I don’t kill bugs. Or at least as I lumber my way through creation, I do my best not to. Upon spotting a bug in my house, be it ant, spider, Sliver Spotted Ghost Moth or some other creepy crawly, a mini-emergency task force is immediately dispatched to the scene. Equipped with rescue gear consisting of glass and mid-sized magazine, I gently shepherd the wayward creature into the container, safely cover the opening with the publication, and respectfully show the little beastie the door. They’re set outside to continue crawling, creeping, or scuttling about the remaining corners of planet earth to their tiny hearts’ content.
It’s unclear exactly when this practice became part of my repertoire, but I’ve definitely embraced it. With my immense size and strength (comparatively), I try not to keep my security from being threatened by such a little creature, especially one that, per some of the Eastern spiritual paths, is an evolving life form. How the theory of evolution negates the miracle of life or disproves God’s hand in the process is something I’ve never quite gotten, but that may be a whole other post.
The origin of my bug hugging MAY have been a Zen Archery retreat I attended in Vermont several years back, when I was first exposed to spiritual practice. After noticing several large tufts of spider webs in the corners of the retreat house with oversized spiders included, I asked if Buddhists had a fondness for arachnids. “No, but we do have a reverence for life,” explained the house manager. “And we uphold Ahimsa, the principal meaning non-violence, or to do no harm.”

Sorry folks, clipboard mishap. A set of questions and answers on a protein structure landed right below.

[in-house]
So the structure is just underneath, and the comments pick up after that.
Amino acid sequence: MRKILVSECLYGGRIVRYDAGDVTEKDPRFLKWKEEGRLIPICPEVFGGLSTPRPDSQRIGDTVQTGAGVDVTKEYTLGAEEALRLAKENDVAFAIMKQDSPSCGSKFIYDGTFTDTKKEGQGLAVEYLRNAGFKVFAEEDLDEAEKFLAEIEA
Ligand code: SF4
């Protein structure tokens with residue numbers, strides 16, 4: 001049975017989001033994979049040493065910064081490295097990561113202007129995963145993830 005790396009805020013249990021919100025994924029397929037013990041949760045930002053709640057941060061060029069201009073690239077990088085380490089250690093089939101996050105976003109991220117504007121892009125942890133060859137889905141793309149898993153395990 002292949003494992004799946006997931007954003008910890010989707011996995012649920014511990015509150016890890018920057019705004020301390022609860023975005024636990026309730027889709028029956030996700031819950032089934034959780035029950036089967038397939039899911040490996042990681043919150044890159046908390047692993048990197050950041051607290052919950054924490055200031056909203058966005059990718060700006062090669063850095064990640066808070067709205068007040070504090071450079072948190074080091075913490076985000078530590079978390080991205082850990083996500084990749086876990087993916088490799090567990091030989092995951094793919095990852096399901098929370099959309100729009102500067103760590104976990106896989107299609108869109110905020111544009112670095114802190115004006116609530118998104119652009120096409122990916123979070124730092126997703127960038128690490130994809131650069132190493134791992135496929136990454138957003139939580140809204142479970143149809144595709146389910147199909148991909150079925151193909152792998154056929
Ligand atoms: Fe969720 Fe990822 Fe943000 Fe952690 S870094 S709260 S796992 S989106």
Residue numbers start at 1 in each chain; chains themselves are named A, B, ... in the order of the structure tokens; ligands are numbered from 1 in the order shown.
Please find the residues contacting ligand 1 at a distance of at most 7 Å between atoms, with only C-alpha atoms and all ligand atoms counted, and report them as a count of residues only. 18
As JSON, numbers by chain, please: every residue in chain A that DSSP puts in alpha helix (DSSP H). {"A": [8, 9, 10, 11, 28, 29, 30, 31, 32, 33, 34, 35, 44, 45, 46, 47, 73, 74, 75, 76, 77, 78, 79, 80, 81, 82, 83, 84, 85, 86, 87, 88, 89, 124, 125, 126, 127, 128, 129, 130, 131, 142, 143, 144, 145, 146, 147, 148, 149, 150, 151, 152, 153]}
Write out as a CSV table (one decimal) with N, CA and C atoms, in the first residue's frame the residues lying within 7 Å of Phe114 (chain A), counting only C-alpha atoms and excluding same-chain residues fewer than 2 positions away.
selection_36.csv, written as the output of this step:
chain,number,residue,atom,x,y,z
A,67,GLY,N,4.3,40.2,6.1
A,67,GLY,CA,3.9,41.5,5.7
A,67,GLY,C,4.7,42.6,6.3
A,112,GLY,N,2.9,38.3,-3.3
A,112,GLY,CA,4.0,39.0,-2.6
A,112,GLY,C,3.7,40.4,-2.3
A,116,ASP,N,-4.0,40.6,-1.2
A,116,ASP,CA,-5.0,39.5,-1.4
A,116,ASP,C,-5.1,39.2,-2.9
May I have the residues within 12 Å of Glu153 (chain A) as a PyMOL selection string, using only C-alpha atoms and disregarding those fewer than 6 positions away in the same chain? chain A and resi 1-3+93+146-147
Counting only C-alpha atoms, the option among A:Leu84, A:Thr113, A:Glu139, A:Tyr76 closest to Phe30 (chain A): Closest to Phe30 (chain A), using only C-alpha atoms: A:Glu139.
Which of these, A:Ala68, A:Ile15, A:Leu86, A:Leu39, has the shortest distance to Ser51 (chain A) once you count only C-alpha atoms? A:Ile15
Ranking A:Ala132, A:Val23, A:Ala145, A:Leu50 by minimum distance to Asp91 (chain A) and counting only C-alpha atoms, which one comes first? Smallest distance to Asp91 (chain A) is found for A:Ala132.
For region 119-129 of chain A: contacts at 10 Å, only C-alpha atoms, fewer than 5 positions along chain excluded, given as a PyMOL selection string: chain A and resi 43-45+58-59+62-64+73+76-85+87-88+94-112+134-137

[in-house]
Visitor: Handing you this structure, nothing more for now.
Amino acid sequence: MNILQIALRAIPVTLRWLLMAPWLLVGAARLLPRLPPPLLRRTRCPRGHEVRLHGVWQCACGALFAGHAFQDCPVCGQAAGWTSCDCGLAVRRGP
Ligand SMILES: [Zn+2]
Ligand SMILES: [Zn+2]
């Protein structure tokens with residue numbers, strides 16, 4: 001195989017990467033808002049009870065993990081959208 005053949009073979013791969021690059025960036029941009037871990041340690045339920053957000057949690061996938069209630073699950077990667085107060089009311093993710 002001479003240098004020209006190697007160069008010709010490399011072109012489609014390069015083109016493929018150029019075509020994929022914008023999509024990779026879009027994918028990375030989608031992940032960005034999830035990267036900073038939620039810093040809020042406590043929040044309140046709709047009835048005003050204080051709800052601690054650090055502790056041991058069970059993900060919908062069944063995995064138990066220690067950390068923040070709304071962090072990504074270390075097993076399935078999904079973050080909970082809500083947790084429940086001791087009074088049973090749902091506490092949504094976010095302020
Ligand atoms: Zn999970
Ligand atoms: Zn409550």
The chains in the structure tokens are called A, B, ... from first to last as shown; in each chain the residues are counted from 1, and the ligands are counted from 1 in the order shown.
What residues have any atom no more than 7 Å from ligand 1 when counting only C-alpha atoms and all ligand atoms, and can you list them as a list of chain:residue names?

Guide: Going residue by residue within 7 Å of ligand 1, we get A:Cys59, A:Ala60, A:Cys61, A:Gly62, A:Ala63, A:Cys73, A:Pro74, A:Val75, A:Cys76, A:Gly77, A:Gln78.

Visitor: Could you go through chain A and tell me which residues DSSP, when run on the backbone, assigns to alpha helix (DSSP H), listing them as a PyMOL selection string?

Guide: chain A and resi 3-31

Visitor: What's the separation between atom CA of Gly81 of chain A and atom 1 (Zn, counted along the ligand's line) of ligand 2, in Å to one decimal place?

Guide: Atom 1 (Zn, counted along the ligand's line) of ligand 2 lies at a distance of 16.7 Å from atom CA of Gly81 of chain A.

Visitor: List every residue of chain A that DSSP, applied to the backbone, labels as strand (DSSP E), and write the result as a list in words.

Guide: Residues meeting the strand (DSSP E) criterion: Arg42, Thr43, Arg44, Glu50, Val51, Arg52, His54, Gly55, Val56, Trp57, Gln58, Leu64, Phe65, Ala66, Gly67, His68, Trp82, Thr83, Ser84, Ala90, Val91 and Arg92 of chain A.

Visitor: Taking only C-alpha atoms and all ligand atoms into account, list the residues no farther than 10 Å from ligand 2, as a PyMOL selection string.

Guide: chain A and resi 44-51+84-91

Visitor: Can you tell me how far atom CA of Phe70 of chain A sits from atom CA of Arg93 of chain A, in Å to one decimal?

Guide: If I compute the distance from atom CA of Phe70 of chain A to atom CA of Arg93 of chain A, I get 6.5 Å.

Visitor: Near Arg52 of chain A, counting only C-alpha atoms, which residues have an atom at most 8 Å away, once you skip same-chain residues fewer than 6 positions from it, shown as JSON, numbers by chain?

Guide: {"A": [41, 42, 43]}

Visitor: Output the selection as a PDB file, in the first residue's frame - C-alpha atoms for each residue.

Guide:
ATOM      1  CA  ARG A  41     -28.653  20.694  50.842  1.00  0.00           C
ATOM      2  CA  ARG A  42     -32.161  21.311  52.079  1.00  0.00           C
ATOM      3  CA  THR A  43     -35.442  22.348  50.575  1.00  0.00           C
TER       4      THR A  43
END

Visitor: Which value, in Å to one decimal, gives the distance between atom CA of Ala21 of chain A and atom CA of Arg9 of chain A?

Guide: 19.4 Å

Like I said, I’m not sure when I adopted the Ahimsa code. But one thing I AM sure of, and that’s that my Mother does not share my belief system.
My Mom will smash perceived pests as fast as she spots them, with a glaring lack of delicacy. “Darn ANTS!” she’ll huff as she lowers the boom of her flattened hand or napkin or broom. She’s like the personification of a can of Raid, as she kills bugs dead. In my head, I hear myself saying, “Mom, you know, there’s an important tenet of the Indian religions called Ahimsa that means kindness toward all living things, including animals. It’s a respect for all living beings as a unity, believing that everything is connected. Gandhi strongly believed in the principle, and so do I. It’s linked to the notion that any kind of violence entails negative karmic consequences.”
In reality, I don’t say any of this. Because by the time my Mom has a bead on a bug, it’s over. So I try keeping the peace between my Mom and the local insect population in alternative ways. Gently sweeping out the garage corners - dirty webs, silk egg sacks and all – I explain to the residents there that there's a new sheriff in town, and they should lay low if they have any hope of seeing the end of the summer. I imagine that if spider’s had a voice, they’d respond in a soothingly warm and intelligent way, like that famous grey barn spider Charlotte. And I’m on the lookout for a gracefully woven “Terrific” or “Thanks man!” sometime soon.